In 1849, Charles B. Allen established the Order of the Star Spangled Banner in New York City. The society drew members from non-Catholic Democrats dissatisfied because of the increase of Irish Catholic members and leaders in the party. The disenchanted Democrats formed secret groups, coordinated their votes, and supported candidates sympathetic to their cause. 

Other issues contributed to the growth of anti-immigrant attitudes. According to James M. McPherson, Battle Cry of Freedom:

Immigration during the first five years of the 1850s reached a level five times greater than a decade earlier. Most of the new arrivals were poor Catholic peasants or laborers from Ireland and Germany who crowded into the tenements of large cities. Crime and welfare costs soared. Cincinnati's crime rate, for example, tripled between 1846 and 1853 and its murder rate increased sevenfold. Boston's expenditures for poor relief rose threefold during the same period. 

The Rise to National Prominence 

Platform of the American Party (Seth Kaller, Inc.)
In the 1854 elections, the Know-Nothing candidates were victorious in Boston, Salem, and other New England cities. The Whig candidate for mayor of Philadelphia won by promising to reduce crime, close saloons on Sundays, and to appoint only native-born Americans to office. The Know Nothing candidate defeated the incumbent mayor in Washington, DC. In Massachusetts, the new party controlled all but three of the 400 seats, and only 35 had any previous legislative experience. The Know-Nothings founded a chapter in San Francisco in 1854 to oppose Chinese immigration. A judge on the state Supreme Court, who was a member, ruled that no Chinese person could testify as a witness against a white man in court. 

The results of the 1854 elections energized the individual Know-Nothing organization, and they formed an official political party called the American Party. The party attracted many members from the Whig and Democratic parties and prohibitionists. Membership in the American Party increased from 50,000 to over one million in a matter of months during 1854.

In the spring of 1855, the Know Nothing candidate was elected mayor of Chicago. He barred all immigrants from city jobs. In Alabama, Know Nothings were a mix of former Whigs, malcontented Democrats, and other political outsiders who favored state aid to build more railroads. The Democratic candidate for governor of Virginia won the election by convincing voters that Know Nothings were allied with Northern abolitionists. After Democratic victory, the movement began to collapse in the South.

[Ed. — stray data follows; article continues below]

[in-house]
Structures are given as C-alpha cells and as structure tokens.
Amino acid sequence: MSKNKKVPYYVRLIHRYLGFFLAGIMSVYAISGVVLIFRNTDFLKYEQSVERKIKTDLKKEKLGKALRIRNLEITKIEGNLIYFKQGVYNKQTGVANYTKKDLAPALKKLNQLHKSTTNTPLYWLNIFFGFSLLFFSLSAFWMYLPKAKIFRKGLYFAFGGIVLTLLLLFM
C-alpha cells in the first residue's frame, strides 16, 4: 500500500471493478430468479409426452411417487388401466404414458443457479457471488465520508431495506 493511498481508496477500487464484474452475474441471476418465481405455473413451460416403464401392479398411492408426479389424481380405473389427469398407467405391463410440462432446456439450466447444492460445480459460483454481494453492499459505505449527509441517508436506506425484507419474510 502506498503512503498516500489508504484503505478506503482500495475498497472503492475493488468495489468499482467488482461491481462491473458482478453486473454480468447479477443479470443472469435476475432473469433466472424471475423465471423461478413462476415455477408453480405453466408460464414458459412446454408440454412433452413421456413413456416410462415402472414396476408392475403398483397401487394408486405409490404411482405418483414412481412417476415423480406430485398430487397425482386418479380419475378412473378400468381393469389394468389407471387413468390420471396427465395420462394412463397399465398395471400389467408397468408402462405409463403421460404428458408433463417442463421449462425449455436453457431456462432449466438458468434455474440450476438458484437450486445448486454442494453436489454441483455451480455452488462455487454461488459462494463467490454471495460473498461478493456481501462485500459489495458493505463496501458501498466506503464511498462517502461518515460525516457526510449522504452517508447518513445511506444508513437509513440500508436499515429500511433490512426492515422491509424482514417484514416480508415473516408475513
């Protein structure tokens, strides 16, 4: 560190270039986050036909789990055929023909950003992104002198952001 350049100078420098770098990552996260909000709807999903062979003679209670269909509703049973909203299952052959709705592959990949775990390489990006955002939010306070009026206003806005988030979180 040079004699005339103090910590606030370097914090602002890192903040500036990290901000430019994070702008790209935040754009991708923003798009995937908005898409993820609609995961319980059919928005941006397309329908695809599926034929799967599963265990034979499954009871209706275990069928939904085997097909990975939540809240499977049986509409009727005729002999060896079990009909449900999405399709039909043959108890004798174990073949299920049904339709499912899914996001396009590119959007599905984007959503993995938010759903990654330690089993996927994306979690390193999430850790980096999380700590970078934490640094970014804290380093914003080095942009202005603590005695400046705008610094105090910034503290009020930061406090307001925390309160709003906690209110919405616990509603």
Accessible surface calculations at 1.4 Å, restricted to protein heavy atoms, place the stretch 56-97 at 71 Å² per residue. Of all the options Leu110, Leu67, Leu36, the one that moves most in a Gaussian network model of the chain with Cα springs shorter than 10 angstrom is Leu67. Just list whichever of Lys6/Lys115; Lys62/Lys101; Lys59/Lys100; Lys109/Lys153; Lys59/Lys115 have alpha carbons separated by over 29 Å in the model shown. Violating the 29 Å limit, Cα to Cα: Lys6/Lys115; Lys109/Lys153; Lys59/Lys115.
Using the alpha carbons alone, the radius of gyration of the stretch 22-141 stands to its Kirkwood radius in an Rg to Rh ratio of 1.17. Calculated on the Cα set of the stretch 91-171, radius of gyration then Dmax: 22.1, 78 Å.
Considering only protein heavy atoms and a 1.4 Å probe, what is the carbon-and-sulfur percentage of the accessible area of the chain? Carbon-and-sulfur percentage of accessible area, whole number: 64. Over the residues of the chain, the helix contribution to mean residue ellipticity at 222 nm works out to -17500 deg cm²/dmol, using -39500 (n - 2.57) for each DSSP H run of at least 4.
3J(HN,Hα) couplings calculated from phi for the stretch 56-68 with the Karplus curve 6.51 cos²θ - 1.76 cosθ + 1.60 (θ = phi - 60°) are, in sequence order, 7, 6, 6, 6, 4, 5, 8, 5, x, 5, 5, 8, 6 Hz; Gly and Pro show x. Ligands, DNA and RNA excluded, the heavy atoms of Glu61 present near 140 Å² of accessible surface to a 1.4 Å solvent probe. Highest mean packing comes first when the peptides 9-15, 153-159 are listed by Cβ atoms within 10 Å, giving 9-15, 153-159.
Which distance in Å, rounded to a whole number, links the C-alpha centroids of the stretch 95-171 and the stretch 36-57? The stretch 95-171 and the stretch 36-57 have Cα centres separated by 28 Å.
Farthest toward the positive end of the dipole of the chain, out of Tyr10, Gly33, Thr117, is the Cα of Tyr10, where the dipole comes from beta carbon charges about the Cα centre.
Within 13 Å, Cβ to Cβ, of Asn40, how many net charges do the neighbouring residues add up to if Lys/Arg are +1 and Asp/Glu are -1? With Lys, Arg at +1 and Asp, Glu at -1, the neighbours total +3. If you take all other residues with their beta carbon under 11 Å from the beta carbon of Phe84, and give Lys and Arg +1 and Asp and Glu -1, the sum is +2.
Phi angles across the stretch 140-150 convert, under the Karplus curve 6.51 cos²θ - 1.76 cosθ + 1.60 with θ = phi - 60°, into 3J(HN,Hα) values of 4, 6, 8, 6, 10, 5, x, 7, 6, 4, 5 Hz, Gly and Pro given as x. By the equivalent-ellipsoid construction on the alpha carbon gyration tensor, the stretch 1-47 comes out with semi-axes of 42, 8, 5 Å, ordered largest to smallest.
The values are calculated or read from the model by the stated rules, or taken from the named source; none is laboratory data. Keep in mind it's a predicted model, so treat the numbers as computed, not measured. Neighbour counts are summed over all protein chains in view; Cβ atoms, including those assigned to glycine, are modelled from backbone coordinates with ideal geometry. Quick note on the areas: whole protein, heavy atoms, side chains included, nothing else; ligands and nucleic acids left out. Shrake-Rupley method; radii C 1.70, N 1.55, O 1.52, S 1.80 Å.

Membership 

The new party's voters were concentrated in the rapidly growing industrial towns, where workers faced direct competition with new Irish immigrants. Know Nothing membership was highest in the poor districts. They opposed the upper-class closed political leadership class, especially the lawyers and merchants. In their place, they elected working class men, farmers, and a large number of teachers and ministers. Men who seldom owned $10,000 in property replaced the wealthy politicians. 

Other Issues 

The American Party was more than just a nativist movement. In Massachusetts, the 1855 Know Nothing controlled legislature passed a series of reforms that "burst the dam against change erected by party politics, and released a flood of reforms." The party also opposed slavery, supported an expansion of the rights of women, favored industry regulation, and championed measures to improve the status of working people. It passed legislation to regulate railroads, insurance companies, and public utilities. It funded free textbooks for the public schools, and raised the appropriations for local libraries and for the school for the blind. The legislature established the state's first reform school for juvenile delinquents. It gave wives more property rights and more rights in divorce courts. It passed harsh penalties on speakeasies, gambling houses, and bordellos. It passed tough prohibition legislation. However, many of the reforms were quite expensive. State spending rose 45% and taxes on cities and towns increased 50%. This spending angered the taxpayers, and few Know Nothings were re-elected.